When you're first injured, ice is a better choice than heat. It numbs pain and causes blood vessels to constrict, which helps reduce swelling. Ice is especially helpful for the first three days or so. After that, heat can increase blood flow to an injury, which may help promote healing. Heat also serves as a muscle relaxer, which can help with pain relief.
Tendons are bands of fibrous tissue that connect muscles to bones and help muscles initiate and control movement in your joints. Tendinitis usually occurs when repetitive motions, stress or repeat injuries irritate a tendon over time. The result is pain and swelling in the tendons around a joint, such as your ankle, elbow or shoulder. Your tendons become less flexible with age, so tendinitis is more common as you get older.
Oct. 15, 2014
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- Questions and answers about bursitis and tendinitis. National Institute of Arthritis and Musculoskeletal and Skin Diseases. http://www.niams.nih.gov/Health_Info/Bursitis. Accessed Aug. 25, 2014.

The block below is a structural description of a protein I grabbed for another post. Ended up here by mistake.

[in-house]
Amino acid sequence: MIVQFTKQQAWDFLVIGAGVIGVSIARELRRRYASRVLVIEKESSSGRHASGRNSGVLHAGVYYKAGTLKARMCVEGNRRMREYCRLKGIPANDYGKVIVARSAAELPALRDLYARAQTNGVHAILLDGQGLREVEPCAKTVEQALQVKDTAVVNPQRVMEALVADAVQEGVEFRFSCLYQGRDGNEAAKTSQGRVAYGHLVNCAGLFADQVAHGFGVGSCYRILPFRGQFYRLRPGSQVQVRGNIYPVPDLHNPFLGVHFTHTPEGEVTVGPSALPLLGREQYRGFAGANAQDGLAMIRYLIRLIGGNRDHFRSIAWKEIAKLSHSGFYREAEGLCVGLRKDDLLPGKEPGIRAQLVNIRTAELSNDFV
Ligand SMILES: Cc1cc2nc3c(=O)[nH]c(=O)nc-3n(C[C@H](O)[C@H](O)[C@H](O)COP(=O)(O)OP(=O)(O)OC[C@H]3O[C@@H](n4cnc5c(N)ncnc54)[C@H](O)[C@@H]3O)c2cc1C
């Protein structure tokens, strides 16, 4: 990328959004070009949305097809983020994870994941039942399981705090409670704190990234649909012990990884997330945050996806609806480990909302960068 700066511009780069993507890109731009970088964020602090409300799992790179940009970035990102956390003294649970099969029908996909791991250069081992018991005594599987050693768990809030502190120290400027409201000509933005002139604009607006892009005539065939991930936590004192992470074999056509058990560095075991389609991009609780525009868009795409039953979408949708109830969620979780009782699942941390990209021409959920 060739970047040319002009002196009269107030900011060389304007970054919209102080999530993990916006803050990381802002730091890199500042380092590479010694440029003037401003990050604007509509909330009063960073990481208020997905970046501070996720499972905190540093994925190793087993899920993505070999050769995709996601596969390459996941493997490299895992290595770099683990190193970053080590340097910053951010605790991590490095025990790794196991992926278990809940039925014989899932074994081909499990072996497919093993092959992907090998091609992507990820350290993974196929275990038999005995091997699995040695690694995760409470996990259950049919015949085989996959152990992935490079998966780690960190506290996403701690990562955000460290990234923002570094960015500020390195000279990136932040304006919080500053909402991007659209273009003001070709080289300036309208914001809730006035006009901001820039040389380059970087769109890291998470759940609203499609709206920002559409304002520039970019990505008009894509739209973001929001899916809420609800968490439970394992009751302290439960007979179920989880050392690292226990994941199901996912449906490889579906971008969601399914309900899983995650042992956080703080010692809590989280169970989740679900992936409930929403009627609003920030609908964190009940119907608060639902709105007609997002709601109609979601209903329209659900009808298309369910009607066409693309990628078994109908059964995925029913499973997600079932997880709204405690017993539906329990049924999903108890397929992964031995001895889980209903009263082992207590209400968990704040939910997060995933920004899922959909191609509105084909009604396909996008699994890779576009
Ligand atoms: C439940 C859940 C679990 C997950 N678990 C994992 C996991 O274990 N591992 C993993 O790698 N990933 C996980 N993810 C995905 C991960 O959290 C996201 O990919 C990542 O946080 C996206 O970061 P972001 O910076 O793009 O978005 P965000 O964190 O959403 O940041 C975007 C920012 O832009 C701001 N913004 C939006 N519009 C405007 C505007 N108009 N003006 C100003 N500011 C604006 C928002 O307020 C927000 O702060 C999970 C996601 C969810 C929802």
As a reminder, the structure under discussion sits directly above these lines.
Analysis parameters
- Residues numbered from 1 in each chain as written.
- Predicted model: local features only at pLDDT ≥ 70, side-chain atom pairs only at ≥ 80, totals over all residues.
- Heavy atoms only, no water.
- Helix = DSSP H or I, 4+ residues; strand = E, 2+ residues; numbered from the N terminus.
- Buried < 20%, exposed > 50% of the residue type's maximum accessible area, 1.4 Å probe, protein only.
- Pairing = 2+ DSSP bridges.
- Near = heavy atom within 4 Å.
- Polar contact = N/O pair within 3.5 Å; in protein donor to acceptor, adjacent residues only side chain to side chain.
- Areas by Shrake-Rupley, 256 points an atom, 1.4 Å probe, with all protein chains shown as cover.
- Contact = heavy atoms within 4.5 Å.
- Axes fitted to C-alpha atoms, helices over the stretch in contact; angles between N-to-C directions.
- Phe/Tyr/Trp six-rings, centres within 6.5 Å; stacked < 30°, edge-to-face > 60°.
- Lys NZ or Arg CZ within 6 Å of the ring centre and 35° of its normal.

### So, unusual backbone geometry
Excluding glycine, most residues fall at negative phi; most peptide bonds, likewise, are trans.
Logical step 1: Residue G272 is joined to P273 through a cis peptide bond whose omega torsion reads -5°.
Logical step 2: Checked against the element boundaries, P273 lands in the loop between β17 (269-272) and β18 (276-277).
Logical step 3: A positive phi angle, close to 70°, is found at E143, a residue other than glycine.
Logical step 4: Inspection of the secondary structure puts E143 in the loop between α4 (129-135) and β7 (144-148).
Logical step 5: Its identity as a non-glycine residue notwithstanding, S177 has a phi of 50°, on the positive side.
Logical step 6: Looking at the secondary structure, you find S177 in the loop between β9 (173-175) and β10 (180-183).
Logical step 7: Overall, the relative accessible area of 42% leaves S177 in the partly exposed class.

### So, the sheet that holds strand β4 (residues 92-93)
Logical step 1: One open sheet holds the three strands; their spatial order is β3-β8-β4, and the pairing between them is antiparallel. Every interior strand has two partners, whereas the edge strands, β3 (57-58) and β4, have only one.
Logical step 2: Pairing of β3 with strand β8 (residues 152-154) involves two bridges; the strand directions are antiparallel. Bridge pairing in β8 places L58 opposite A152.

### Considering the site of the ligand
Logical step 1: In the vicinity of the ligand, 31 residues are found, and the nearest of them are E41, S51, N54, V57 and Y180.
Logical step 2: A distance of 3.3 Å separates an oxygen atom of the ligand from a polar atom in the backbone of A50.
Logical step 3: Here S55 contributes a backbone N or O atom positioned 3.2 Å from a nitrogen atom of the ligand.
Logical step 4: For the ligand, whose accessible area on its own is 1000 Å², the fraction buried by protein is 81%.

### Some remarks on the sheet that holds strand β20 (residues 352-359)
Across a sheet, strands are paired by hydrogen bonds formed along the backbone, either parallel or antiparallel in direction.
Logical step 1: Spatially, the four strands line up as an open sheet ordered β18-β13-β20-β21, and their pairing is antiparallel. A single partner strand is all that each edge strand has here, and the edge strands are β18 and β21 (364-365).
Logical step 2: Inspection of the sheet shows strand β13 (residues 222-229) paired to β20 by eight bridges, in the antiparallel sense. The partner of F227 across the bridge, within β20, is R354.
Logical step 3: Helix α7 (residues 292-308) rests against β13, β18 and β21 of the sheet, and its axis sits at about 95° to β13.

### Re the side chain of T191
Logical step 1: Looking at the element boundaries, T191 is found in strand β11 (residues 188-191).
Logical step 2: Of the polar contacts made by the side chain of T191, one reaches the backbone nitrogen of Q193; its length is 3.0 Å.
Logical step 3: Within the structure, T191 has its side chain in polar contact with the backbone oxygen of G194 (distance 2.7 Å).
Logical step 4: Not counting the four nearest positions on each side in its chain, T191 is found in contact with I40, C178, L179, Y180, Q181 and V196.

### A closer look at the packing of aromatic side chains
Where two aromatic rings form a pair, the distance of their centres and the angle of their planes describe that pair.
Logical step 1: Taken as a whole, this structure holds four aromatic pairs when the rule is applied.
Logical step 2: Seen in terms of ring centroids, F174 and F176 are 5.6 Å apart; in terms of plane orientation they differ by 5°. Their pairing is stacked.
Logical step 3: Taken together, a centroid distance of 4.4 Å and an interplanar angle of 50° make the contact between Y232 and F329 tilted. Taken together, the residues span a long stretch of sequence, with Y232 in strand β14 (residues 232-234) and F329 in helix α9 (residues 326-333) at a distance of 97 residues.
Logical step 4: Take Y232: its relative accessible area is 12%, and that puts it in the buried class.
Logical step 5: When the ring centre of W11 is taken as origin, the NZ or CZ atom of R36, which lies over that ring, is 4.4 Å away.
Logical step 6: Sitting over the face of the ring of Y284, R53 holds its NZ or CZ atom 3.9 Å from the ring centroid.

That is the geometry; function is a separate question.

- Marx JA, et al. Rosen's Emergency Medicine: Concepts and Clinical Practice. 8th ed. Philadelphia, Pa.: Mosby Elsevier; 2014. http://www.clinicalkey.com. Accessed Aug. 25, 2014.
- Khan K. Overview of the management of overuse (chronic) tendinopathy. http://www.uptodate.com/home. Accessed Aug. 25, 2014.